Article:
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The Motorcycle Action Group, more commonly known as MAG, is the main Riders' Rights organisation in the UK, as well as being a founding member of the FEMA (Federation of European Motorcyclists' Associations) and a model for many other similar pressure groups worldwide.

MAG was founded in 1973 when the UK Government introduced a law making it mandatory for motorcyclists to wear a helmet. Under the slogan "Let the Rider Decide" they (unsuccessfully) tried to argue that helmet use should be voluntary. After eventually admitting defeat on the subject (although it hasn't completely gone away), MAG developed into a general purpose pressure group to fight for riders' rights in all sorts of ways. To the uninitiated it might seem a bit strange that motorcyclists feel they need such a group, but there are many people and organisations that for various reasons are continually trying to pass legislation which most bikers feel is contrary to their interests.

MAG has been quite successful compared to many single-issue pressure groups. Amongst the propositions which have been put forward, opposed by MAG and then later withdrawn include:

  • Compulsory power restriction of all motorbikes to a maximum of 100 bhp
  • Compulsory fitting of leg protectors to all new bikes (an idea that was designed to improve safety: MAG showed the Governmental research to be so seriously flawed that leg protectors would actually have increased the risk of injury in a crash
  • Compulsory daytime headlights for bikes

They also do positive campaigning, such as trying to arrange for safe, secure parking for motorcycles in city centres. Motorcycle theft in the UK runs at about 3 times that of car theft, because unless they're physically locked down to something, bikes can easily be lifted up and placed in a van. MAG also campaigns for traffic laws and road design to take into account the needs of motorcycles as well as those of cars.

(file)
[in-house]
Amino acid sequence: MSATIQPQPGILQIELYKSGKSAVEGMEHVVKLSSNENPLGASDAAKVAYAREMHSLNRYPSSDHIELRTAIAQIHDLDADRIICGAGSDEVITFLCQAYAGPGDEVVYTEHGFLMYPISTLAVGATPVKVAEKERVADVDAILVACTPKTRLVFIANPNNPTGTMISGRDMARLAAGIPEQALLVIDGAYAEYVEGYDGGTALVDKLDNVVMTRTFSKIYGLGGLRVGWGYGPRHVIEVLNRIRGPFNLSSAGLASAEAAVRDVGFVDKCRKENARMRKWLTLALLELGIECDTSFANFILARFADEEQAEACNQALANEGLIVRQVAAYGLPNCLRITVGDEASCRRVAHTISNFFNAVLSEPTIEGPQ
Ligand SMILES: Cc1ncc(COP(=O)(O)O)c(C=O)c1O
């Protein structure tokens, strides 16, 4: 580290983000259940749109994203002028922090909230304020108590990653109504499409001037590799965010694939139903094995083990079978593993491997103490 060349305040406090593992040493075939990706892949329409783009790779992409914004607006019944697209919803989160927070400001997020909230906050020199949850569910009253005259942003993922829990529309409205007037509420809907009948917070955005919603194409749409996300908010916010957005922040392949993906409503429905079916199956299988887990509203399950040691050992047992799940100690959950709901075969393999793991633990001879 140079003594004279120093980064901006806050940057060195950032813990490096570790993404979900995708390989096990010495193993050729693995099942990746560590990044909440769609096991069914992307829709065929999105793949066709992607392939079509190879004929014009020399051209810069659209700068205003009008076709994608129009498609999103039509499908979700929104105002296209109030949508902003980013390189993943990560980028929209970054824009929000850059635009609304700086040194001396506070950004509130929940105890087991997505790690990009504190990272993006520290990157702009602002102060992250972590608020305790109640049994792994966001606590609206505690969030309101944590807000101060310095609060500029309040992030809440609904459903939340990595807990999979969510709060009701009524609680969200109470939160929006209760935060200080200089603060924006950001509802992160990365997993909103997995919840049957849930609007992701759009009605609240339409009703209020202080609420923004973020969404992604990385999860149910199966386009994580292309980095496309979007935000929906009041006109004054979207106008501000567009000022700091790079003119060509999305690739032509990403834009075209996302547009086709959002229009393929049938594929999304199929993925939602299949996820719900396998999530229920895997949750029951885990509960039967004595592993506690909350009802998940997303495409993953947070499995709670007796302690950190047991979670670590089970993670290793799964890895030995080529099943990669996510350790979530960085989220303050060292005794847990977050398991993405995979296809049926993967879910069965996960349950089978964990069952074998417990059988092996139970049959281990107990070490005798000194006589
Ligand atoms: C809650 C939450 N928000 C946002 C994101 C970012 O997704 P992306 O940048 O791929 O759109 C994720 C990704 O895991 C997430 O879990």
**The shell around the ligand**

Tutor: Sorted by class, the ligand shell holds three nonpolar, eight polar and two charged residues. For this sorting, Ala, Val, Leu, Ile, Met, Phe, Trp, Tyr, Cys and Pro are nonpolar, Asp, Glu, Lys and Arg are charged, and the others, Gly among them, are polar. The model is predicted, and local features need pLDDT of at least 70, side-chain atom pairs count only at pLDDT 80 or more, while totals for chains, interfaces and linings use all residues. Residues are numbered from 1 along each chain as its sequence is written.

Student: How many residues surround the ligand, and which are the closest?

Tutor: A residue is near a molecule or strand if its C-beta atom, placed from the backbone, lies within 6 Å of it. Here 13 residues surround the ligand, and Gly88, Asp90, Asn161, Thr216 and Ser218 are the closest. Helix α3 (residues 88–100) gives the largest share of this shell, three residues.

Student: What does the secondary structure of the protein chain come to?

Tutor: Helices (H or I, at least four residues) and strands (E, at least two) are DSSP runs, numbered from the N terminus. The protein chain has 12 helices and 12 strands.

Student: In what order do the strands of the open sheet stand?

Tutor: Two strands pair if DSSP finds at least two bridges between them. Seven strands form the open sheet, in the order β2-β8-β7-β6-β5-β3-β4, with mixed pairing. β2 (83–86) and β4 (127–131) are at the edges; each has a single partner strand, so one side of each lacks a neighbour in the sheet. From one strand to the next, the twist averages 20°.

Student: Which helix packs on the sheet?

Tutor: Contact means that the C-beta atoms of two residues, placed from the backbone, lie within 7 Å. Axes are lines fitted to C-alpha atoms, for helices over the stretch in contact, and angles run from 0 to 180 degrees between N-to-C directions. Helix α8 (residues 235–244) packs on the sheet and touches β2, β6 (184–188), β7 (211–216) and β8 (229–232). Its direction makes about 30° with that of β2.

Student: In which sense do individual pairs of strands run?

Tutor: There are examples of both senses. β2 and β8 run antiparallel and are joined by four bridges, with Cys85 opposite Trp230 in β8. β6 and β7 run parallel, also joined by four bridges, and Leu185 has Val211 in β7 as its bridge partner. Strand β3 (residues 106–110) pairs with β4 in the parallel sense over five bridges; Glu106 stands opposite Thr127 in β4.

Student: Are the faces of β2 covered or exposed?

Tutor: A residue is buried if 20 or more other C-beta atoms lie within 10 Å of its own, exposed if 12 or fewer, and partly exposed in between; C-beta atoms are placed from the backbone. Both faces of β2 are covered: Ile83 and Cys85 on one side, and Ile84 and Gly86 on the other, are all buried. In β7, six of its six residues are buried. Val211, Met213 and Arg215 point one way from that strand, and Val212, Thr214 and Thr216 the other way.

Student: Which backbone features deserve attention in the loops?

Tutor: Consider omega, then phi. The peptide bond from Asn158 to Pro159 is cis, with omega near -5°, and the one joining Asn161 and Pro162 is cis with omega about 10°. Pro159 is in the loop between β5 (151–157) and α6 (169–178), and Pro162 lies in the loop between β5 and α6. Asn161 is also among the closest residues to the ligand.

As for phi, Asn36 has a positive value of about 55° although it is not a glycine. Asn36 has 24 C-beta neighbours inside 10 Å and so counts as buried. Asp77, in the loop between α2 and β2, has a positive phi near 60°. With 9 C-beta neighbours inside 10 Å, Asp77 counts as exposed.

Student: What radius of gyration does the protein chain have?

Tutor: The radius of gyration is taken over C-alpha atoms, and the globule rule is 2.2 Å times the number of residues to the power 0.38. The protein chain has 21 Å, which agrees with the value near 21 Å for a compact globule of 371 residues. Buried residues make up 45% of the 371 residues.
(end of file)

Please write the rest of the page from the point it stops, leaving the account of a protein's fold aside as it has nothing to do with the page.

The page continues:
Despite some misconceptions, MAG isn't particularly on an anti-safety crusade. Their argument is more that responsible adults should be able to make their own decisions about their own safety: if someone prefers to ride without a helmet, knowing the potential risks if they crash, why shouldn't they be allowed to. Unlike cars, where loss of control is often more dangerous to others, loss of control on a motorbike is more likely to injure the rider than anyone else involved.

As well as a political element, MAG's regional and local groups also have a large social element, providing an excuse to go to the pub and get drunk (like we'd need an excuse!). Most MAG groups also organise Christmas toy runs and Easter Egg runs, where a convoy of bikers will take gifts/chocolate eggs to children stuck in hospital over the festive periods, and will often perform fundraising work for local charities. Having been on a few such runs, it's great to see people's attitudes chage towards what they thought were nasty, smelly greasy bikers!

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